The Probit (probability unit) method, conceptualized in 1934 by Chester Bliss4 and further expanded by David Finney in 1952, is a type of regression model used to analyze binomial (go/nogo, head or tails, all or nothing) response variables. It transforms the sigmoid (S-shape) input-response curve to a straight line that can then be analyzed by regression either through least squares or maximum likelihood methods. Probit analysis can be conducted by one of three techniques: using tables to estimate the probits and fitting the relationship by eye, hand calculating the probits, regression coefficient, and confidence intervals, or having a statistical package such as SPSS, SAS or R do it all
for you. Although this is the simplest sensitivity test to perform and provides a straightforward method to analyze the data, it generally requires many more samples than other tests because it does not concentrate the testing where the most information can be obtained. In addition, for the method to work somewhat efficiently, it requires that both mean and standard deviation of the population be well known in advance so that the testing can be conducted in the range of stimulus levels which allow convergence.
The Bruceton (up-and-down) method, published in 1948 by Dixon and Mood5, relies on simple calculations which can be done without the aid of a computer, and are based on an initial guess close to the population mean and a constant step size approximately equal to the standard deviation. It is generally more efficient than the Probit method since it concentrates the testing close to the population mean. However, the Bruceton method is very sensitive to the selected step size. If the step size is much bigger than the standard deviation, then none of the test will concentrate near the mean. On the other hand, if the step size is much smaller than the standard deviation and the initial guess is not near the true mean of the population, this method will not quickly converge to a final value, which can be costly due to extended testing.
The Langlie (one-shot) method, published in 1962 by Langlie6, efficiently provides accurate values for mean and standard deviation, without requiring that an initial guess be selected close to the population standard deviation. The Langlie approach is to bound the estimated mean by selecting an upper and lower limit. However, convergence of the method requires the certainty that none of the test samples will initiate at the lower limit, while ensuring that all the test samples will initiate at the upper limit. Once the upper and lower limits are chosen, the first stimulus level is chosen halfway between the limits interval. If the test interval is inappropriately chosen, then the stress levels will tend
to converge towards either the lower or the upper limit. In such a case, convergence to the lower limit would be indicative of an incorrect stimulus selection, and little will be learned, while convergence toward the upper limit can be shown statistically acceptable by use of the likelihood ratio test method. The main problem with the Langlie method is that it concentrates the test levels too close to the mean, which results in the inefficient determination of the standard deviation of the population.
The Neyer D-Optimal method, published in 1994 by Neyer7, is the most efficient of all methods requiring the smallest test sample size and only three parameters; lower and upper limits and an estimate of the standard deviation. It was designed to extract the maximum amount of statistical information from the test sample. Unlike previous methods which only required paper and pencil, the Neyer D-Optimal test requires detailed computer calculations to determine the test levels. In addition, the test method uses the results of all the previous test results to compute the next test level. The test method uses a three-step approach to establish the mean and standard deviation. First, the test algorithm “closes in” on the region of interest to within a few standard deviations of the mean. Second, the test algorithm determines the unique estimates of the parameters efficiently. Finally, the test continuously refines the estimates once convergence has been established.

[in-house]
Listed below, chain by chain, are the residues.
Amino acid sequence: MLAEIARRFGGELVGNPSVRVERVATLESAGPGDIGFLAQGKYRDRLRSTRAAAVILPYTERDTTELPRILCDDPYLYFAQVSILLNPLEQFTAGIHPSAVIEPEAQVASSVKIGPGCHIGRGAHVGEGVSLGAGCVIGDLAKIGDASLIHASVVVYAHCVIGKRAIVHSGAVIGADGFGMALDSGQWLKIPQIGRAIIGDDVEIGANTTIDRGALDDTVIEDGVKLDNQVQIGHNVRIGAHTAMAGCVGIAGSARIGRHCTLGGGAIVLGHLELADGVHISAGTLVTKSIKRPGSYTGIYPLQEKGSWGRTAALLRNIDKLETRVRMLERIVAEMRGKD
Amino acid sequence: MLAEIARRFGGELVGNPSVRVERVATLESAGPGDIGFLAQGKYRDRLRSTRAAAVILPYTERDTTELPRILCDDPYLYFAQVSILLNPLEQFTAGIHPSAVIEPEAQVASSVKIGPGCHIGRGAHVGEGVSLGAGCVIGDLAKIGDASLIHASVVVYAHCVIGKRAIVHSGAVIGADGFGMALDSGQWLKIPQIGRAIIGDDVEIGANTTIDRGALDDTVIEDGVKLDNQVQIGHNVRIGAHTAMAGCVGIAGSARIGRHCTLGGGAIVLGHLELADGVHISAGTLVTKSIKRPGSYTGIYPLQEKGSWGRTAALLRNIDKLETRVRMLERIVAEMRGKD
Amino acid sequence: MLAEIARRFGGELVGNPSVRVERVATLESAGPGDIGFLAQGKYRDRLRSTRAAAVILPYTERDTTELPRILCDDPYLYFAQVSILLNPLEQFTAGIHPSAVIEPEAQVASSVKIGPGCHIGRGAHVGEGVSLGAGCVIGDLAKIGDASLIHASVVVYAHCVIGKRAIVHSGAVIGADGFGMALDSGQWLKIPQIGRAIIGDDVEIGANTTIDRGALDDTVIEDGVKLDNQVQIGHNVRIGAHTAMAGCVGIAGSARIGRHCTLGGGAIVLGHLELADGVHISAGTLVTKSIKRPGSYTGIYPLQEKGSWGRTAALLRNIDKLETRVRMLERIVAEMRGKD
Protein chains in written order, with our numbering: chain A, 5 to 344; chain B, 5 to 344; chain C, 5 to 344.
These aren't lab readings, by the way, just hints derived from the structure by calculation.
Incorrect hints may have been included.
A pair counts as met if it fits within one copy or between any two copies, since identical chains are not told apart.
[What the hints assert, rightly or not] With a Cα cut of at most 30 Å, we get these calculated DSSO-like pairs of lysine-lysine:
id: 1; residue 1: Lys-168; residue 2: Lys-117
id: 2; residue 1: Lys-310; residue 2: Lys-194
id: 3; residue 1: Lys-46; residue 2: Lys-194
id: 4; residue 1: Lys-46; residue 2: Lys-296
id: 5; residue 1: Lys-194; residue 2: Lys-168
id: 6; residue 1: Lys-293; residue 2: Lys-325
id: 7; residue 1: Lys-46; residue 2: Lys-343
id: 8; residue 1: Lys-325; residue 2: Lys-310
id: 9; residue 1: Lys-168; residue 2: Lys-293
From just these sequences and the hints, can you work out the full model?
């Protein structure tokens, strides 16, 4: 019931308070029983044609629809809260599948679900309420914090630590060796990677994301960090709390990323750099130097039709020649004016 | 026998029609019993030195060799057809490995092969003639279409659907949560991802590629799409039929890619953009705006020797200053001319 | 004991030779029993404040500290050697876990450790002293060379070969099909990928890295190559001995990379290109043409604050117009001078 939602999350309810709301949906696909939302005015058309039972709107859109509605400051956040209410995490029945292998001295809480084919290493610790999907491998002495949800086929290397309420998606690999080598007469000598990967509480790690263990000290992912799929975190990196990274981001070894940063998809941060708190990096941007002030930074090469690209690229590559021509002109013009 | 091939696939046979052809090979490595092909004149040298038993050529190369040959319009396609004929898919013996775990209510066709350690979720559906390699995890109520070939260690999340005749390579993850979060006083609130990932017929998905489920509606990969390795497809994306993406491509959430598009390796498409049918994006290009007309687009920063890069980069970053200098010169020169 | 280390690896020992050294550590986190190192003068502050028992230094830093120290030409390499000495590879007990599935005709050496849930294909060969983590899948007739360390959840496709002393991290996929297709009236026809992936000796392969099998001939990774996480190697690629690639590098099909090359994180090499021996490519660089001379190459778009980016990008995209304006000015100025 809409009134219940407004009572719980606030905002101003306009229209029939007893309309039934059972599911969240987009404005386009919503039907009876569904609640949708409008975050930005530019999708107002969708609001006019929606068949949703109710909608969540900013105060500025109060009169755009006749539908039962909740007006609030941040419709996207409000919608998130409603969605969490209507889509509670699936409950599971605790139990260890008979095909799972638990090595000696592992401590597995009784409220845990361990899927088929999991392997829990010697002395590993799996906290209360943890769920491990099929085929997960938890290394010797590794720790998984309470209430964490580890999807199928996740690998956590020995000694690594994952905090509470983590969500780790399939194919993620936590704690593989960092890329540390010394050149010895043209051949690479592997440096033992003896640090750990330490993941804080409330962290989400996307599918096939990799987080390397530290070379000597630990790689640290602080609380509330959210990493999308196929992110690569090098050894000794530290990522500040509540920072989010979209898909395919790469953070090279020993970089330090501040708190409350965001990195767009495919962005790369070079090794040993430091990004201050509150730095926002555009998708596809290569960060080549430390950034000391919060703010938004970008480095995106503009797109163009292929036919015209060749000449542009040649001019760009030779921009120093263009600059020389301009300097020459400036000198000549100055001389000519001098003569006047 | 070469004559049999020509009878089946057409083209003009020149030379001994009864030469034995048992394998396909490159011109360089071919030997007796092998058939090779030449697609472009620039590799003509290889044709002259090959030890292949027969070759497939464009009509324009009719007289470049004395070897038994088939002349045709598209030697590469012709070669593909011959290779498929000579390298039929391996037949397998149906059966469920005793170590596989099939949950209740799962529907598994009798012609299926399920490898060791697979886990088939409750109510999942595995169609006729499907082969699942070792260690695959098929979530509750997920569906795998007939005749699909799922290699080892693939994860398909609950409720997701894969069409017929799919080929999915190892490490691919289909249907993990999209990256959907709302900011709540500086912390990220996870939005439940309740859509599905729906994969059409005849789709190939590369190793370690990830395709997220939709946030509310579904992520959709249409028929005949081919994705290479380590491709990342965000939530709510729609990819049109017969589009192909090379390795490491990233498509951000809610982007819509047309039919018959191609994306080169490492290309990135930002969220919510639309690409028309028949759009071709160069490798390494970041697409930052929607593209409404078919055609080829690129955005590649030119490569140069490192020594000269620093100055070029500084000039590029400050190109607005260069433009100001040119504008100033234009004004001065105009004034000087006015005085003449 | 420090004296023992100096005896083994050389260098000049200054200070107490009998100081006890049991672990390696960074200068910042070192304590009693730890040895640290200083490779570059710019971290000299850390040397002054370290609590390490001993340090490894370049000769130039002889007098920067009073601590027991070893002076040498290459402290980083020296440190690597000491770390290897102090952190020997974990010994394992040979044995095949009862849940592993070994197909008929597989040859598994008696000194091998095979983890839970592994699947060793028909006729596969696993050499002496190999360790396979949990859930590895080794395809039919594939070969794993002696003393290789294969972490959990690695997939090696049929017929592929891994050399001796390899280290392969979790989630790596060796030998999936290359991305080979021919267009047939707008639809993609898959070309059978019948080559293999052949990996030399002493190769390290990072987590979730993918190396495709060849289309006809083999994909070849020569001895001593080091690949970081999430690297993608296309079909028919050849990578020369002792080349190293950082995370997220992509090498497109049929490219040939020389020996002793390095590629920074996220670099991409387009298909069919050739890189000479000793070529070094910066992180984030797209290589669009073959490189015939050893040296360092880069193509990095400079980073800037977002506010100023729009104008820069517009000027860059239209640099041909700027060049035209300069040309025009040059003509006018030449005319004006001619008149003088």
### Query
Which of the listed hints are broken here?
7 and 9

To summarize, the efficiency of the Bruceton method is strongly dependent on the choice of step size. The efficiency of the Langlie method is somewhat dependent on the spacing between the upper and lower test levels. The Neyer D-Optimal test is essentially independent of the choice of parameters.
At PacSci EMC, we use the Neyer D-Optimal sensitivity test method to determine EEDs8 no-fire and all-fire characteristics due to its efficiency, accuracy and proven reliability.
Safety & Reliability at PacSci EMC
PacSci EMC’s highest priority is the safety and reliability of our products. Having clear and accurately defined all-fire and no-fire characteristics guarantees that our customers can safely operate our products as intended. These well-defined parameters also ensure our initiators and other EED’s will work reliably when required. Whether the application is in Space, Defense, Oil and Gas, or any other field, PacSci EMC guarantees that our product will work with the highest safety and reliability, on command, when commanded.
1. MIL-DTL-23659F, General Design Specification for Electrical Initiators
2. Finney, D. J., Ed. (1952), Probit Analysis, Cambridge, England, Cambridge University Press.
3. NAVORD Report 2101, Statistical Methods Appropriate for Evaluation of Fuze Explosive-Train Safety and Reliability.
4. Greenberg, B. G. (1980), Chester I. Bliss, 1899-1979, International Statistical Review / Revue Internationale de Statistique, 8(1): 135-136.
5. Dixon, J.W. and Mood, A.M. (1948), A Method for Obtaining and Analyzing Sensitivity Data, Journal of the American Statistical Association, Vol. 43, pp. 109–126.
6. Langlie, H.J., (1962), A Reliability Test Method for “One-Shot” Items, Proceedings of the Eighth Conference on the Design of Experiments in Army Research Development and Testing, Washington, D.C., October 24-26, 1962.
7. Barry T. Neyer, A D-Optimality-Based Sensitivity Test, Technometrics, Vol. 36: No. 1 (1994), pp. 61-70.